• This site uses cookies. By continuing to use this site, you are agreeing to our use of cookies. Learn more.

screen widths


mrp2049

Senior Member
#1
As we have covered, I am still pretty new too this coding business, I was wondering about screen width.

What is the max width at the moment? Or is there still no such thing really?

I am kinda hoping that their is an absolute/screen covering value in css to assign to the width of a div. Did that make sense?

I am hoping there is, that way I can just have a blanket coverage menu and footer.

Thanks for the help in advance.
 

Renniks

Senior Member
#2
From what I know (so unless someone corrects me)

There are 3 different types of page
Fluid, fixed and elastic

Fluid pages have percentages applied to all the boxes so that depending on the size of the window the width of the divs will change

Elastic pages use em's to define the widths, this way changing the size of the divs depending on the font size of the browser (for example some people set defaults higher than the standard 16px font size)

Finally there is fixed.

As you could guess this is a fixed layout and hence each div has a defined width.


For many years page sizes focussed on 800px wide maximums (and hence 780(?)px width bodys were used)
More recently a transition was made to 960px width bodys due to most (use google analytics for sites you can to see your own figures) people owning 1024px and bigger.

This would indefinitely increase as more and more people get higher and higher resolutions for pc's and laptops.

But then there was a large boom of netbooks, smart phones, tablet devices and what not and so we are now in a situation where some things are needed smaller and some bigger. I advise going with 960px max width (hence 960 grid etc.) and then looking into secondary stylesheets for phones etc. :)
 

Kevin

Senior Member
#3
About 20% of the people is still on a 1024px display. Over three quarters have a bigger display.
Source: Browser Display Statistics

I'd say 20% is a market share you can't neglect. But you'll have to analyze your public. If you're making a site or blog for designers it's safe to say that they'll have much larger screens.

Try not to use pure fluid layouts though because they absolute look horrible on larger screens. However, you can add max-widths to your fluid layout in an attempt to satisfy everyone.
 
#6
mrp2049 said:
As we have covered, I am still pretty new too this coding business, I was wondering about screen width.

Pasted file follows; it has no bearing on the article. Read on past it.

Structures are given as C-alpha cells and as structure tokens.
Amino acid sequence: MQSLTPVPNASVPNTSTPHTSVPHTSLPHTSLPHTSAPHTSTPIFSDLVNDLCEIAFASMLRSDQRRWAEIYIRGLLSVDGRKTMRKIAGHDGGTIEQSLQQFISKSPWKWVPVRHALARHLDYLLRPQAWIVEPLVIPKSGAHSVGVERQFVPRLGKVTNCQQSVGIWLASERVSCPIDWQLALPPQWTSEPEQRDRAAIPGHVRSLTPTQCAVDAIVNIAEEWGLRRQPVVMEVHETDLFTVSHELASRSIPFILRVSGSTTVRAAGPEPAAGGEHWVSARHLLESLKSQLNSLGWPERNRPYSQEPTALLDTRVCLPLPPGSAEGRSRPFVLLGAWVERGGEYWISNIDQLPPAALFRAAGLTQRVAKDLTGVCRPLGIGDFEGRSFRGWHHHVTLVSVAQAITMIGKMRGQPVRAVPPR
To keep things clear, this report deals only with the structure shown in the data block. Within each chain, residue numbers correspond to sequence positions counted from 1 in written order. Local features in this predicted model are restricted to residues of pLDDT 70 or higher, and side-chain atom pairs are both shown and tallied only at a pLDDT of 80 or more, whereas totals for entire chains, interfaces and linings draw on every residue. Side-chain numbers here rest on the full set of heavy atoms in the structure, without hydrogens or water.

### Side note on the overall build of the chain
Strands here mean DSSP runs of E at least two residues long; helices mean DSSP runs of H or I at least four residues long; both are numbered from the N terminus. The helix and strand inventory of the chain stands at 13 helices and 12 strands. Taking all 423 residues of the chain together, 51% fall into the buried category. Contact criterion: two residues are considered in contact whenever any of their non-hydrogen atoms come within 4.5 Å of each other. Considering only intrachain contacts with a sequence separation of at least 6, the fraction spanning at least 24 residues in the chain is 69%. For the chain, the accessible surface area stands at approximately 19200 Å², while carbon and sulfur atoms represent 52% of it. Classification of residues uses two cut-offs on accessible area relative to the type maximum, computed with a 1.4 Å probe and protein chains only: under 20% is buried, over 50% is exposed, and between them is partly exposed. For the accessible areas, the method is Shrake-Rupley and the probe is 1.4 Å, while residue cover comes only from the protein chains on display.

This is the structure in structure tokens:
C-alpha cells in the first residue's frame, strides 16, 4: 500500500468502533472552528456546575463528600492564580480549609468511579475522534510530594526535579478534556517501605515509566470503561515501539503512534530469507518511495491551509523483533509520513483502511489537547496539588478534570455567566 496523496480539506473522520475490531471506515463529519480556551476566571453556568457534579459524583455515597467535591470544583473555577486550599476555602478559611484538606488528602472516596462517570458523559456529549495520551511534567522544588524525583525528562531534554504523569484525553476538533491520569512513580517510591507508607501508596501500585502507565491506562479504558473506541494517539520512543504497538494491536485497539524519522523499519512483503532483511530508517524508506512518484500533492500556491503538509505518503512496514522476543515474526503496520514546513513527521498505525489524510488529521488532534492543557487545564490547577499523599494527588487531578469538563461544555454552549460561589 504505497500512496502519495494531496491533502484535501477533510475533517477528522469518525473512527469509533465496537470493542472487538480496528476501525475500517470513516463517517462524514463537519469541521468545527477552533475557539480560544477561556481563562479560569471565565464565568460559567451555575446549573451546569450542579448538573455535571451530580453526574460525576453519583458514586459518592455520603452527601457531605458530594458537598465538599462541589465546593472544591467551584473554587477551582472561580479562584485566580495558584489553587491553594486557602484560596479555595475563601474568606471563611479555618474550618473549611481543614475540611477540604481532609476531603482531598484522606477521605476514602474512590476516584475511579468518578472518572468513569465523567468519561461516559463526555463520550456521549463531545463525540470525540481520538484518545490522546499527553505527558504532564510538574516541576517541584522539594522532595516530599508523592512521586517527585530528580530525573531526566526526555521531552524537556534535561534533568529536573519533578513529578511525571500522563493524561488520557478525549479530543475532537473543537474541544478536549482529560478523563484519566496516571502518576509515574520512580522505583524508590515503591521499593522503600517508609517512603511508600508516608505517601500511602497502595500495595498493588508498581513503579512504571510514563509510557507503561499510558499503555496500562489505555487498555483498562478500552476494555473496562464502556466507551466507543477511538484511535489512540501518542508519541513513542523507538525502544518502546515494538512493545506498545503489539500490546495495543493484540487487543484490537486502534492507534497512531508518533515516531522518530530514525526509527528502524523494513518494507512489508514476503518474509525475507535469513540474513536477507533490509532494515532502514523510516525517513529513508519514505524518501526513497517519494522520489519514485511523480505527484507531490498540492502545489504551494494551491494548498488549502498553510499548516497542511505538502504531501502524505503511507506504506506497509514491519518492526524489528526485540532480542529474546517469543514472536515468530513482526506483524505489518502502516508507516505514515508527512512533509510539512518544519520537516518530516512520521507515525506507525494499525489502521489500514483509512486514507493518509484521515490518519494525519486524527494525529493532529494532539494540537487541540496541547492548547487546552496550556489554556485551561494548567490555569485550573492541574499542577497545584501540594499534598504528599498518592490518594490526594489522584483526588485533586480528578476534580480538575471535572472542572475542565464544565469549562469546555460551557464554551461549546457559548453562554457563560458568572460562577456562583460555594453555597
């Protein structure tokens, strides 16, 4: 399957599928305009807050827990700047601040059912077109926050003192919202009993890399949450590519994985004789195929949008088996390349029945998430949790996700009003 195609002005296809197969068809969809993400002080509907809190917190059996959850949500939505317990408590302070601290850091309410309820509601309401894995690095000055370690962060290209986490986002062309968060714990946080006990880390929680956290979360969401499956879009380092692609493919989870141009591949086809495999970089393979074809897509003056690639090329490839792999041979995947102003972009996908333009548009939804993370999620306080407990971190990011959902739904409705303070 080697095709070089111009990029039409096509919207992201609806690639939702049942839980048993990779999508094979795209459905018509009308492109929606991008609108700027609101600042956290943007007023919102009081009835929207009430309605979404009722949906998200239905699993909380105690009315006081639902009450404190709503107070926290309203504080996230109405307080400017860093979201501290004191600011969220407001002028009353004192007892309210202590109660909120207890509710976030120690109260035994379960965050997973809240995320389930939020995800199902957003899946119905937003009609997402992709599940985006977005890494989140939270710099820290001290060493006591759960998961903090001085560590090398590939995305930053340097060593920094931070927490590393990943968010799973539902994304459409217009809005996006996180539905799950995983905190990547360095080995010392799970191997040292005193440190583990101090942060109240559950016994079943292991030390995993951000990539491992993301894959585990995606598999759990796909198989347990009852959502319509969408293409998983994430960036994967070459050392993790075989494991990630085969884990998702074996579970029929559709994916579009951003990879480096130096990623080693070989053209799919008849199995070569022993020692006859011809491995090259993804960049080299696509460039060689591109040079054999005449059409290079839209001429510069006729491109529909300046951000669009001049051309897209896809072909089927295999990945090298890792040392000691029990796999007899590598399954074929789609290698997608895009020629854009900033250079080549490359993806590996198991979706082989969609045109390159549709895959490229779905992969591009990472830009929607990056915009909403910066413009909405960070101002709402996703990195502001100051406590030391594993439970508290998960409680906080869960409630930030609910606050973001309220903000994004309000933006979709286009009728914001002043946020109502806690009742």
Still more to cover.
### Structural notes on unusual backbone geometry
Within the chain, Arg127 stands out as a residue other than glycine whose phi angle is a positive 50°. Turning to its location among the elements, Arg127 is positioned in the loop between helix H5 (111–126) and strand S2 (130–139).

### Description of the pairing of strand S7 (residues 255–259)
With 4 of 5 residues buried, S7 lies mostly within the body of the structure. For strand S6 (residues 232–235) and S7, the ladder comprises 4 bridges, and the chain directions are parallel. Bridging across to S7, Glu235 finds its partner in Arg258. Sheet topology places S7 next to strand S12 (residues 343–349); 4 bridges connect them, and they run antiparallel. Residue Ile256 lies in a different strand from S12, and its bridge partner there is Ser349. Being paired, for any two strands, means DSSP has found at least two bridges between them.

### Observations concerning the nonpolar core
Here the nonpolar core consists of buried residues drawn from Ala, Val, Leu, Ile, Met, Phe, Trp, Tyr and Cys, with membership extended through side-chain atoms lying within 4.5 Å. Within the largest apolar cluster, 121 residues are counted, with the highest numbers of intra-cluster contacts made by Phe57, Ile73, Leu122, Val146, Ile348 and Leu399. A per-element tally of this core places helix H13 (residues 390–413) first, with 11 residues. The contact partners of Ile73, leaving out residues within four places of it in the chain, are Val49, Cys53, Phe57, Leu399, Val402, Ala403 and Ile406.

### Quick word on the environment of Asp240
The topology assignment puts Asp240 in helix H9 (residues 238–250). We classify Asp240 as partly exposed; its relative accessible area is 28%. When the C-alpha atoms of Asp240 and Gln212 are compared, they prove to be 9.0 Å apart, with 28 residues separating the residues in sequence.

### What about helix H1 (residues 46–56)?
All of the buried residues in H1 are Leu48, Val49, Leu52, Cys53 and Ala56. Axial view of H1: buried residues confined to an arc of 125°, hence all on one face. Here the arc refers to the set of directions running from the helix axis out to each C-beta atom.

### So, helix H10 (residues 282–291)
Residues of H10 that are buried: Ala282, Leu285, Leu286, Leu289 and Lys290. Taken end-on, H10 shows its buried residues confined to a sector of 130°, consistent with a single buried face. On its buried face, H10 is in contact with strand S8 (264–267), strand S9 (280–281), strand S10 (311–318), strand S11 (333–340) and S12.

What is the max width at the moment? Or is there still no such thing really?

I am kinda hoping that their is an absolute/screen covering value in css to assign to the width of a div. Did that make sense?

I am hoping there is, that way I can just have a blanket coverage menu and footer.

Thanks for the help in advance.
960 all the way baby! A bit better than what the standard used to be, blummin 800px! I recently got frustrated with a design that wouldnt work with 960, really wanted to extentd it so i just thought sod it I'll make the site a one-page horizontal jobbie!
 
#8
Harry said:
Use the 960 grid. Sorts screen-size and gives you a grid to work from.
Do frameworks not give you a lot of extra unnecessary code, or is it pointless worrying about that nowadays? I re-use a lot of my own code that I've built up over the years, and If you know how to code a cross browser compliant website already, is it not better to just use your own 'framework' so to speak?

Do you think frameworks are the way forward, and should we all start using them? I'm also very set in my ways of doing things, so would the learning curve be steep? Sorry for bombarding you with questions Mr. Guru, but I'd love to hear your views on this as I'm considering using 960.gs for my next project. :)
 
#11
I've always made it a rule of thumb to never go beyond 980px width. Unless of course, the design/client requires it otherwise. I've seen some fantastic designs that span width-wise rather than height-wise.

I also take the Photoshop route, it's much easier and plus, you're designing the sites in Photoshop before-hand anyway right?
 
#13
Well there is something to be said for the recent movement for designing in the browser. I have found my ideas aren't as good but doing stuff like padding for a button in photoshop is a pain in the arse, so there is a trade off I guess.
 

Harry

Senior Member
#15
Aarlev said:
Do frameworks not give you a lot of extra unnecessary code, or is it pointless worrying about that nowadays? I re-use a lot of my own code that I've built up over the years, and If you know how to code a cross browser compliant website already, is it not better to just use your own 'framework' so to speak?

Do you think frameworks are the way forward, and should we all start using them? I'm also very set in my ways of doing things, so would the learning curve be steep? Sorry for bombarding you with questions Mr. Guru, but I'd love to hear your views on this as I'm considering using 960.gs for my next project. :)
I don't use the frameworks, I use the column sizes though.

I wrote a framework but I'd never use them. A CSS framework can't bring many benefits, as CSS is purely styling. Don't use CSS frameworks (not even mine).